public MyCar Build()
  {
    return new MyCar(new Engine(_engine), new Stereo(_stereo),
      _passengers);
  }
  
  ...

  public MyCarBuilder WithPassenger(string name)
  {
    var passenger = new Passenger(name);
    _passengers.Add(passenger);
    return this;
  }
}

For example, MyCar with two passengers could be created like this:

var carWithTwoPassengers = new MyCarBuilder()
  .WithPassenger("Matsui").WithPassenger("Ichiro").Build();

If we compare that with the traditional way we can see how easy above test data builder is to use:

var engine = new Engine("V8");
var stereo = new Stereo("Sony");
var passengers = new List<Passenger&gt;();
passengers.Add(new Passenger("Matsui"));
passengers.Add(new Passenger("Ichiro"));
var carWithTwoPassengers = new MyCar(engine, stereo, passengers);

Helping Also With Default Values

Default values also make builders effective when creating different objects: we don’t have to pass new Engine("V8") each time because _engine = "V8" is the default value in the builder class (line 3). And default value for stereo is “Sony” (line 4).

public class MyCarBuilder
{
  private string _engine = "V8";
  private string _stereo = "Sony";
  
  public MyCar Build()
  {
    return new MyCar(new Engine(_engine), new Stereo(_stereo));
  }

  ...
}

When we create MyCar with the MyCarBuilder we don’t have to give any parameters because default values are in the builder class:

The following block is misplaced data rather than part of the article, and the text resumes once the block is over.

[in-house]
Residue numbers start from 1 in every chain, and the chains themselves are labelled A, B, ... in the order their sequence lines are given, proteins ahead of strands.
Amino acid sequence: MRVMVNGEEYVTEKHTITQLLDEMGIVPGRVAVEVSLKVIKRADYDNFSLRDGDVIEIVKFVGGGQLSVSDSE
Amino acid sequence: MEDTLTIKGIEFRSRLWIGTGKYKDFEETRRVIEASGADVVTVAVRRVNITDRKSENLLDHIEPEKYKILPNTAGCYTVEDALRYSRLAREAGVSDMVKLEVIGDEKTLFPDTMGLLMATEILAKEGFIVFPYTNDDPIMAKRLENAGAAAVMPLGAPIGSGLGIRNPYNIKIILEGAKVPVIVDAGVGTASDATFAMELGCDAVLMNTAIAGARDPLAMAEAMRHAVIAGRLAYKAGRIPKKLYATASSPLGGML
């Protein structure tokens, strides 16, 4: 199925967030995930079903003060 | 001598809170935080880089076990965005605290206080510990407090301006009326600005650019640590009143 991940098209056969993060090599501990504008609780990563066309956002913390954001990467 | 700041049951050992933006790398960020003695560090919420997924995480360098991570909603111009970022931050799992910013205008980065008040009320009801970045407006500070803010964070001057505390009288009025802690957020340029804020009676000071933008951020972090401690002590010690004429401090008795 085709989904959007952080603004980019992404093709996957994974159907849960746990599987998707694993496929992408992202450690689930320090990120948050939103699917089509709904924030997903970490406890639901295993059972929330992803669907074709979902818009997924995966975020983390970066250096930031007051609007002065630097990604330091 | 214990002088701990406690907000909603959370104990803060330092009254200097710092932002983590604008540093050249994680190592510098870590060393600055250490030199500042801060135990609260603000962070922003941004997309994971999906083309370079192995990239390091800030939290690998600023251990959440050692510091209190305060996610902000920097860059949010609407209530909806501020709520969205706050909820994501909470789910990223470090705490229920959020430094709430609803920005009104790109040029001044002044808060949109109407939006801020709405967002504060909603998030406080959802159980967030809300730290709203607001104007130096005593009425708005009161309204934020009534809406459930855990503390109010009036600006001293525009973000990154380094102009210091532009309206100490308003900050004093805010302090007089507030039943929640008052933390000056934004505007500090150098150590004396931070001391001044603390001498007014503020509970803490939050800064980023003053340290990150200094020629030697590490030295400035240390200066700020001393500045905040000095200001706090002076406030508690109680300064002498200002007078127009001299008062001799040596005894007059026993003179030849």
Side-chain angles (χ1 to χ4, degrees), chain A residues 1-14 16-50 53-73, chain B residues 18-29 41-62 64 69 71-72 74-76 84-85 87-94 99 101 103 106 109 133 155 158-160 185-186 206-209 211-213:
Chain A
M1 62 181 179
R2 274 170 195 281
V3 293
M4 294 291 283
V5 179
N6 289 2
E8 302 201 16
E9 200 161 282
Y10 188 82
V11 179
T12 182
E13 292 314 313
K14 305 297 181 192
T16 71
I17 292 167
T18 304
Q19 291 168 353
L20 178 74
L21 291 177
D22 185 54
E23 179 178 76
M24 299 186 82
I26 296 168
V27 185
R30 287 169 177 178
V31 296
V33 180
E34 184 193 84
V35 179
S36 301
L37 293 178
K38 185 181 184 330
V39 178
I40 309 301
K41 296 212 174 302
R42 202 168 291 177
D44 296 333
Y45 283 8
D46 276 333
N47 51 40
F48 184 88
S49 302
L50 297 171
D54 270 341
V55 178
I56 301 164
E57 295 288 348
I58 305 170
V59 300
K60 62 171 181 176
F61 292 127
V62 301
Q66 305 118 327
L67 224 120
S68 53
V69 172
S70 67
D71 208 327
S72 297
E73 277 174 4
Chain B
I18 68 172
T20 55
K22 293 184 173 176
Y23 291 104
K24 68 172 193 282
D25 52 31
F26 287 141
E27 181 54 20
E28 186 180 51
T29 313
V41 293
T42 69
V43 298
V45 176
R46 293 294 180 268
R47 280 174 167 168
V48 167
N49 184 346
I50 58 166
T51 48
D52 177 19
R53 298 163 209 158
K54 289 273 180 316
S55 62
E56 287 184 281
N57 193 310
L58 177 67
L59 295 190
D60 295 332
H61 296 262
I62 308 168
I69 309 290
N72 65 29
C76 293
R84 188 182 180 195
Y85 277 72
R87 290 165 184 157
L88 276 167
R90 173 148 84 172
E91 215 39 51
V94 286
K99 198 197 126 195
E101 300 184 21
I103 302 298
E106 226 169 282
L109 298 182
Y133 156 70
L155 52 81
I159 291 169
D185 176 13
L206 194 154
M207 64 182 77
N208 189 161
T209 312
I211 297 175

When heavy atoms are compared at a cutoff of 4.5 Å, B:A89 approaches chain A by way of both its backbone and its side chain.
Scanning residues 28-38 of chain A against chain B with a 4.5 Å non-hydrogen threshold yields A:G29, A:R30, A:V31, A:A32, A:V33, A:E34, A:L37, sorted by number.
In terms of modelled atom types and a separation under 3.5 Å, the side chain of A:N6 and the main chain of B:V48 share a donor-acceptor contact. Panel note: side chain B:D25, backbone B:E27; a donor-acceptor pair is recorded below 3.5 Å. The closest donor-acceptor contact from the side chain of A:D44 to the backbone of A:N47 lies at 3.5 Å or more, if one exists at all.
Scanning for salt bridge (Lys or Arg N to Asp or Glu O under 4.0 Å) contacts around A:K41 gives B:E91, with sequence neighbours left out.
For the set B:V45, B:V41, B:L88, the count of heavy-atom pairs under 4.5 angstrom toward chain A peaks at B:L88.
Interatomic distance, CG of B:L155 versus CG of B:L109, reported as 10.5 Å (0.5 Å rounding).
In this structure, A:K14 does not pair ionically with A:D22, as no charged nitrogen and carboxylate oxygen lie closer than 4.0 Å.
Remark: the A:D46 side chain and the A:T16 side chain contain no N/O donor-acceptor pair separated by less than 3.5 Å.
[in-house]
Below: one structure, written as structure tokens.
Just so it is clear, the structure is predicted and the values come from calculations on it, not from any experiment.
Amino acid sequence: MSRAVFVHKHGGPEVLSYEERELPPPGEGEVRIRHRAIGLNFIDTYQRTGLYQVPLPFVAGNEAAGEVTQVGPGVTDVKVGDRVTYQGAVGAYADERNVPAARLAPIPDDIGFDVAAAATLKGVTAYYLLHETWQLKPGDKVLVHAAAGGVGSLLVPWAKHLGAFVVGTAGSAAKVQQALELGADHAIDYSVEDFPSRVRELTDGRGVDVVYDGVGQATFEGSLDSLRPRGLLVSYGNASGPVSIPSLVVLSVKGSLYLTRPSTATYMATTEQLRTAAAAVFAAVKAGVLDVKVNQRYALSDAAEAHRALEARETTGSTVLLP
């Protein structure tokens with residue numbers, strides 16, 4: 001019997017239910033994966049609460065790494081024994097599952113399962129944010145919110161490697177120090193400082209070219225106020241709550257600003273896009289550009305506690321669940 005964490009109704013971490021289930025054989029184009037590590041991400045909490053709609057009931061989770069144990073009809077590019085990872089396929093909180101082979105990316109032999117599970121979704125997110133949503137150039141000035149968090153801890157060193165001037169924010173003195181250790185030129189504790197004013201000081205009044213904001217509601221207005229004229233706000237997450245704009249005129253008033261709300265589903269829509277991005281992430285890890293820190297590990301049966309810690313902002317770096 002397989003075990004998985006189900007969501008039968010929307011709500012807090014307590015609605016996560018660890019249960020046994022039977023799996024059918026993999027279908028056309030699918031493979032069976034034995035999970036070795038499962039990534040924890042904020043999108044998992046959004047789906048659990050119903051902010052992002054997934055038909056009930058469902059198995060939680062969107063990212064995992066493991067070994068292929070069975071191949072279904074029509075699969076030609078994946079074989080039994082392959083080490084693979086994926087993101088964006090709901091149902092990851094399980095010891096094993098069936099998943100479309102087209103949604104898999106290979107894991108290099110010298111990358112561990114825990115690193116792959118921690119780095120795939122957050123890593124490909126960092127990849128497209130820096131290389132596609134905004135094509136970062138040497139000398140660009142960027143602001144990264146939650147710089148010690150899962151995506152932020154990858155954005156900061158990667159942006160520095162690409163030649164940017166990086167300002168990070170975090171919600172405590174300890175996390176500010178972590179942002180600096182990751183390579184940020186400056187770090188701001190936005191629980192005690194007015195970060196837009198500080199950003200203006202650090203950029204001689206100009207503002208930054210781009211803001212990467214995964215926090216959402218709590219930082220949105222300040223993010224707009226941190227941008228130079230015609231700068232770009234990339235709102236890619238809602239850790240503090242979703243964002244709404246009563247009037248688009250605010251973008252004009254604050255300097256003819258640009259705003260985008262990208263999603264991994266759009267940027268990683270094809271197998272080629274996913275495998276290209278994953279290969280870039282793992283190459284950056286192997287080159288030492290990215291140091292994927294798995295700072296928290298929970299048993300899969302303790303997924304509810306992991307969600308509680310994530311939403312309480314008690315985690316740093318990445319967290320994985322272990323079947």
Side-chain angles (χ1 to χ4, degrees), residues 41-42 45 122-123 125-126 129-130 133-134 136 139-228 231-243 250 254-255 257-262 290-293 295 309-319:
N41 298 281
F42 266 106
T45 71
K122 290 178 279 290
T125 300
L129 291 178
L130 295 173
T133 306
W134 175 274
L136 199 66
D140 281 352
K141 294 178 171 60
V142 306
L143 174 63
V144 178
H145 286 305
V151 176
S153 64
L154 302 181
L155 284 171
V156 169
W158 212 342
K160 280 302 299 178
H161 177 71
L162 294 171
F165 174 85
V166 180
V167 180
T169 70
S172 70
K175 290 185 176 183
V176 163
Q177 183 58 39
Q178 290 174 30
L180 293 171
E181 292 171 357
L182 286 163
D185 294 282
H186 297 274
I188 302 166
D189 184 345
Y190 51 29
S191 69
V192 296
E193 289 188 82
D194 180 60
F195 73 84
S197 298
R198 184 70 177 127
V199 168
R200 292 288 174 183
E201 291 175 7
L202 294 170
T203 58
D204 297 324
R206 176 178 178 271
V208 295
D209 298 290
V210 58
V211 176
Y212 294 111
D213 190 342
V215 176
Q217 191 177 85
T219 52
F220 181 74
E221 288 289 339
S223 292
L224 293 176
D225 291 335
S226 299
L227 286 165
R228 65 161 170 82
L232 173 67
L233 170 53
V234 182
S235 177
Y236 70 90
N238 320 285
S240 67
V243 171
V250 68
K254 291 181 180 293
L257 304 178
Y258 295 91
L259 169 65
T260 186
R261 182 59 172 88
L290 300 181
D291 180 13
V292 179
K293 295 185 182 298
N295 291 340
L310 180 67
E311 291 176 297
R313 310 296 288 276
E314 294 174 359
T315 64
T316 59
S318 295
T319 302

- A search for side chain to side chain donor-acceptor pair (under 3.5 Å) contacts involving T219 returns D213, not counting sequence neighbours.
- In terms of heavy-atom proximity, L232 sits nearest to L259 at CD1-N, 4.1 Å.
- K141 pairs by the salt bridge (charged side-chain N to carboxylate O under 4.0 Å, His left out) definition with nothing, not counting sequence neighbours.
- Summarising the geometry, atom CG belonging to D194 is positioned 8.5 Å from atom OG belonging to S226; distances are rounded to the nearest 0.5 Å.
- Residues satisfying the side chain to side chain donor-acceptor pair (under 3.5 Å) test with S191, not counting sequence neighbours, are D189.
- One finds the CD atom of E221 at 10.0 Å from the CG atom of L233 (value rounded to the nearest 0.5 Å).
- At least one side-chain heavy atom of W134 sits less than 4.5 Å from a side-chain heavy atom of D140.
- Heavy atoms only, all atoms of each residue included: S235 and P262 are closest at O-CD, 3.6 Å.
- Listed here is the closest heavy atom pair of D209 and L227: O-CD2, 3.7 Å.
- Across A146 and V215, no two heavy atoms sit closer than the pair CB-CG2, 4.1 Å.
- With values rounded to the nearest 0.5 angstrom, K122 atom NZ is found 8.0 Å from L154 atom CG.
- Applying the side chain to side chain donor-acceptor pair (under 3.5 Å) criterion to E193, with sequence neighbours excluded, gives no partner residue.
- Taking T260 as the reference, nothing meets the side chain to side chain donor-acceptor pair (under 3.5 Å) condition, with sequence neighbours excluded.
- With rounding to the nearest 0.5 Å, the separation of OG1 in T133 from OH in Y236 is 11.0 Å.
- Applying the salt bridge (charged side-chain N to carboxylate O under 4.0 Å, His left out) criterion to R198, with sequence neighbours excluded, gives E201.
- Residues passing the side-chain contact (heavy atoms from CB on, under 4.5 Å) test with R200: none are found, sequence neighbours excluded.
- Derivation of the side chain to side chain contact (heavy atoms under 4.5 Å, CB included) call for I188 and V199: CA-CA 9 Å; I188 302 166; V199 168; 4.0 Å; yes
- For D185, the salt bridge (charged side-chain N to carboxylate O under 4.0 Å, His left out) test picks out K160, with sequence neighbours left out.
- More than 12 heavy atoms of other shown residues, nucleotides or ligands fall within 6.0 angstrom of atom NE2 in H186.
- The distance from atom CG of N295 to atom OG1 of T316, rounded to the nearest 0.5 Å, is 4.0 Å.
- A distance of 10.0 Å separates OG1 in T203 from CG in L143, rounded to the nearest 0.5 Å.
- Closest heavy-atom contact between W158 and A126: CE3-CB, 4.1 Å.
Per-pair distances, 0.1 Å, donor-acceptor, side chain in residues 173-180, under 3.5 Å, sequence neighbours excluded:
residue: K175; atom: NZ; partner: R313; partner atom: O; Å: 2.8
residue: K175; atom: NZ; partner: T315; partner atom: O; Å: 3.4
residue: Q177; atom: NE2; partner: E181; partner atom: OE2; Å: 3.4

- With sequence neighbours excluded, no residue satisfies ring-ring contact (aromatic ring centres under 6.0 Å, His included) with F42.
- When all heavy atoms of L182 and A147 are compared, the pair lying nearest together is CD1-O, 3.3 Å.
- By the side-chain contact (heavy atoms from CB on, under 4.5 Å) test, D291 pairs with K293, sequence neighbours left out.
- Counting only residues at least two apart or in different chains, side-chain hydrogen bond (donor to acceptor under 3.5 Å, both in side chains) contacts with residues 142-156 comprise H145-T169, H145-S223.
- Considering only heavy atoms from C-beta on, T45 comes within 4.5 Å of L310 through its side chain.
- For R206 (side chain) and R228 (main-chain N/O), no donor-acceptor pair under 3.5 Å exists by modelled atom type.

var carWithDefaultValues = new MyCarBuilder().Build();

When we compare this with the traditional way where we have to give parameters to Engine and Stereo each time, we can see immediately how frustrating it is to pass those values every time:

var carWithDefaultValues =
  new MyCar(new Engine("V8"), new Stereo("Sony"));

Using Builder(s) Within Builder

When we start to create test data builders quite soon there comes a situation where we use test data builder that uses another test data builder. This could be the case with MyCar also when we create EngineBuilder and StereoBuilder classes:

public class MyCarBuilder
{ 
  public MyCar Build()
  {
    var engine = new EngineBuilder().Build();
    var stereo = new StereoBuilder().Build();
    return new MyCar(engine, stereo);
  }
  ...
}

The more we have test data builder classes, the more different objects we can create easily.

Conclusion

I value test data builders a lot and I like to write them. Somehow I like the syntax:

var patient = new MyPatientBuilder()
  .WithFirstName("Lassi").WithLastName("Autio").Build();

Test data builders are one of the keys when I write unit tests, and they make my tests a lot better. Without them, I would have to use much more time writing tests. Their value increases with time. When writing a new test and there is already a test data builder that it can use it is a big win because creating an object is so easy!

Further Readings

Leave a Reply

Fill in your details below or click an icon to log in:

WordPress.com Logo

You are commenting using your WordPress.com account. Log Out /  Change )

Google photo

You are commenting using your Google account. Log Out /  Change )

Twitter picture

You are commenting using your Twitter account. Log Out /  Change )

Facebook photo

You are commenting using your Facebook account. Log Out /  Change )

Connecting to %s